Here is an important post on TechCrunch about the decision of the SEC to recognize corporate blogs as public disclosure. This is just a natural step towards more visual communication, something we have been talking about on this blog for some time and something we are pushing our clients to embrace more and more. I predict we will see companies (probably mid-size technology companies) to embrace this more rapidly than others. One thing is to have the SEC making this decision, the other is to change the corporate culture overnight. It will require time and as PR consultants we will need to sit down with our clients and help them go through this process. It seems easy. But it’s not. Game on.
So I’ve been toying around with Twitter a lot more these days. So much so, I have been abandoning my blog. I think more and more we will start to see the quality of blog posts decline with the emergence of microblogging - thanks to Web 2.0 tools such as Twitter. Twitter gives you the option to update your network/ neighbourhood on what you are doing in a mere 140 characters.
The instantaneous nature of this means that you can easily update those that are following you on what you are up to and track what others are up to as well. I was originally critical of Twitter but I am starting to find it more useful in a professional work sense. In fact, in my perception it is taking over Facebook as one of the most valuable social networking sites.
The interesting thing here for me is that you can apply it to every day work. My Twitter neighbourhood, albeit small, is a circle of PR people and journalists. The aim = to expand my small neighbourhood! Anyway, I digress…
Although many of the posts that we upload don’t necessarily provide too much insight - I find out when people need to go to the bathroom, what they had for breakfast and when they are on the train but on several occasions it can really useful. You can pick up a lead on a story that a journalist is working on, what topics he/ she covers, when he/ she is going overseas, find out what they think of products they are reviewing and reporting on, what topics light a fire under them and so forth. It’s a great way to keep your finger on the pulse and stay in contact. Now that I think about it more, I would actually compare this to LinkedIn - it seems to be quite valuable as a professional networking tool.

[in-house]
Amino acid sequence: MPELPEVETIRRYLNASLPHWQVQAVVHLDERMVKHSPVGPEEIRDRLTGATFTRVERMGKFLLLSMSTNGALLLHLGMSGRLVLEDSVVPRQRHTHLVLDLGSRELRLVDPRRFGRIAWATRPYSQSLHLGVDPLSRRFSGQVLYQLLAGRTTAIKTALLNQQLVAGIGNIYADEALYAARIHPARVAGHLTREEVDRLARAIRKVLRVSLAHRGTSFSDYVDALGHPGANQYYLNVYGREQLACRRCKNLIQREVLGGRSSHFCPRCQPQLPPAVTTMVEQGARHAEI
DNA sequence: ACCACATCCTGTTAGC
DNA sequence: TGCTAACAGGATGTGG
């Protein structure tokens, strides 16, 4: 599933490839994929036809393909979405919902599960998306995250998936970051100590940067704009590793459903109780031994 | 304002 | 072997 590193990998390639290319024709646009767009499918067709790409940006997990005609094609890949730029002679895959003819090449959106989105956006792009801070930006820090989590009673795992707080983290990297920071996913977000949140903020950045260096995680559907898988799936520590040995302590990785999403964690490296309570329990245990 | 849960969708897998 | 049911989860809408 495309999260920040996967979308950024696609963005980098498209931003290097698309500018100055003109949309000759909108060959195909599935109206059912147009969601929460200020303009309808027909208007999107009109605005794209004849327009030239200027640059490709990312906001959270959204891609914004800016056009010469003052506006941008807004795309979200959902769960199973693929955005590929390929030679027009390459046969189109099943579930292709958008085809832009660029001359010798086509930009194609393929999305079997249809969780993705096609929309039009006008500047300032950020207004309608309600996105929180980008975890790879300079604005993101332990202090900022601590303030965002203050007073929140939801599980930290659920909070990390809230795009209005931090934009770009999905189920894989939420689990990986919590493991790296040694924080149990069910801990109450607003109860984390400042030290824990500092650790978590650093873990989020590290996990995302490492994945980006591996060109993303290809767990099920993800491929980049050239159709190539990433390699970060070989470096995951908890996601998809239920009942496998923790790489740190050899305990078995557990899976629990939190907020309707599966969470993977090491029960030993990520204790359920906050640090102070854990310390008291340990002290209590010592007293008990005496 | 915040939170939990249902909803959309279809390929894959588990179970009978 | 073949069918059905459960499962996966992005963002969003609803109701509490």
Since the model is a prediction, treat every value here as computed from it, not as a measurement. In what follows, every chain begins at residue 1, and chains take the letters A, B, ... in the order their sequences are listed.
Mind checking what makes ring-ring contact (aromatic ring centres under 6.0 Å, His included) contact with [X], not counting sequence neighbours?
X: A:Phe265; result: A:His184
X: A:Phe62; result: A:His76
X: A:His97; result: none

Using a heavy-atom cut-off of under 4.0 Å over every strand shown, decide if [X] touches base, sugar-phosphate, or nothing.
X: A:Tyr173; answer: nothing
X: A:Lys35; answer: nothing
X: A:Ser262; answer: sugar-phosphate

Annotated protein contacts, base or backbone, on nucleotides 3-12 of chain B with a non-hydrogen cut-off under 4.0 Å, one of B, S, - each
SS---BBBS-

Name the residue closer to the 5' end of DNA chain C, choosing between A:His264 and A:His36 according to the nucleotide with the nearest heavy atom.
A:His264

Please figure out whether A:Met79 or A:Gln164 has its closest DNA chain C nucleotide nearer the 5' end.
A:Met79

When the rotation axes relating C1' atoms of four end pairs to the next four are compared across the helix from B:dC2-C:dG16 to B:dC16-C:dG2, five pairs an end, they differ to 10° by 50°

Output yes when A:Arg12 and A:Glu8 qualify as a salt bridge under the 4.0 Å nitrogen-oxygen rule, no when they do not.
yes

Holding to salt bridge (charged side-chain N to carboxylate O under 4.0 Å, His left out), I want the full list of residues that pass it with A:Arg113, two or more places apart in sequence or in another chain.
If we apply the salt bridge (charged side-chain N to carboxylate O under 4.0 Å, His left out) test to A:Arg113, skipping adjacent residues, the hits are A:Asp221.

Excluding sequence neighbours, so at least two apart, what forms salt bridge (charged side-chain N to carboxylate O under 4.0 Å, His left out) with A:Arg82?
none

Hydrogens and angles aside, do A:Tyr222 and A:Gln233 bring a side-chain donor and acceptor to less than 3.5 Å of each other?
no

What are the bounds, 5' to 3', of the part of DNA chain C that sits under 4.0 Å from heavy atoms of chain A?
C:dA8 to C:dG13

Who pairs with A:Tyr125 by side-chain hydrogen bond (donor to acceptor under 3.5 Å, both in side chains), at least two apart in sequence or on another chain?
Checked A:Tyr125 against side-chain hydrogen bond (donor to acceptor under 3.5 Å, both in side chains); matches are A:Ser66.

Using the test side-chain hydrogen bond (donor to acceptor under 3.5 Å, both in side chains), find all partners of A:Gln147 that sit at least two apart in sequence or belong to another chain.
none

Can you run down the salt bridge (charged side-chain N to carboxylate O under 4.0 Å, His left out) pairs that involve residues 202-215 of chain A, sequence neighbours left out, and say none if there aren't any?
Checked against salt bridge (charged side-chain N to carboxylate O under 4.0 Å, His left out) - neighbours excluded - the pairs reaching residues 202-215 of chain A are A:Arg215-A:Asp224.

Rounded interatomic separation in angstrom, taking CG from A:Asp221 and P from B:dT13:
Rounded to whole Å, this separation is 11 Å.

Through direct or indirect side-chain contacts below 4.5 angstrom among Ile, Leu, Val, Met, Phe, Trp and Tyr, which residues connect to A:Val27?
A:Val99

I’d be surprised if blog subscriptions weren’t in decline due to the rise in Twitter feeds. This has strong implications for mobiles as well. These days, new and emerging technologies are mirroring the lifestyle trends of today’s consumers’. As people want to access to real-time information from friends, access to news, entertainment, and be able to communicate from anywhere at anytime - we are finding that today’s technologies such as mobile phones and web 2.0 tools such as Twitter are accommodating these needs.
Feel free to pipe up if you have some answers because I haven’t done all my homework in this area. Are we seeing a trend now - as people become more time poor are we seeing blog posts getting shorter? Rather than well-researched, quality blog posts - are these increasingly becoming short excerpts and randon bursts of one’s thoughts?
I’d love to hear your thoughts on this…
Half Moon Bay that is at Fortune’s Brainstorm Tech. Reflecting on what I found to be some of the best ideas shared yesterday:
- How can social media be leveraged to make your employee talent more highly engaged? Gary Hamel of London Business School cited a Towers Perrin study across 16 countries, and it found that nobody has more than 20% of employees who say they feel highly engaged. If we can engage customers, allow them to congregate and engage with collectively work around a problem, why can’t we do more with our talent?
- Where is your platform strategy? This was a recurring theme; that innovative companies are providing platforms as a strategy to allow others to build things for them.
- CC Per Annum. OK, I just made that up, but after hearing CEOs Michael Dell, Marc Benioff and Brad Smith all cite at different times in the afternoon just how many customer conversations their companies are having annually, I think we’re going to start seeing that as a communications department proof point in an effort to show innovation from the outside in. For the record, Intuit has two billion customer conversations per year.
- Books, toys and web services? I had wondered how Amazon Web Services had come to be. Jeff Bezos shared that Amazon built web services for themselves over four years ago in an effort to free up their engineering hours that were not directly adding customer value. The idea came up a few years after that to get into the web services business. I also like the analogy he used – that we’re moving into a new world where like a brewery, they’ll be able to focus on the beer and not on having their own power generator to produce it.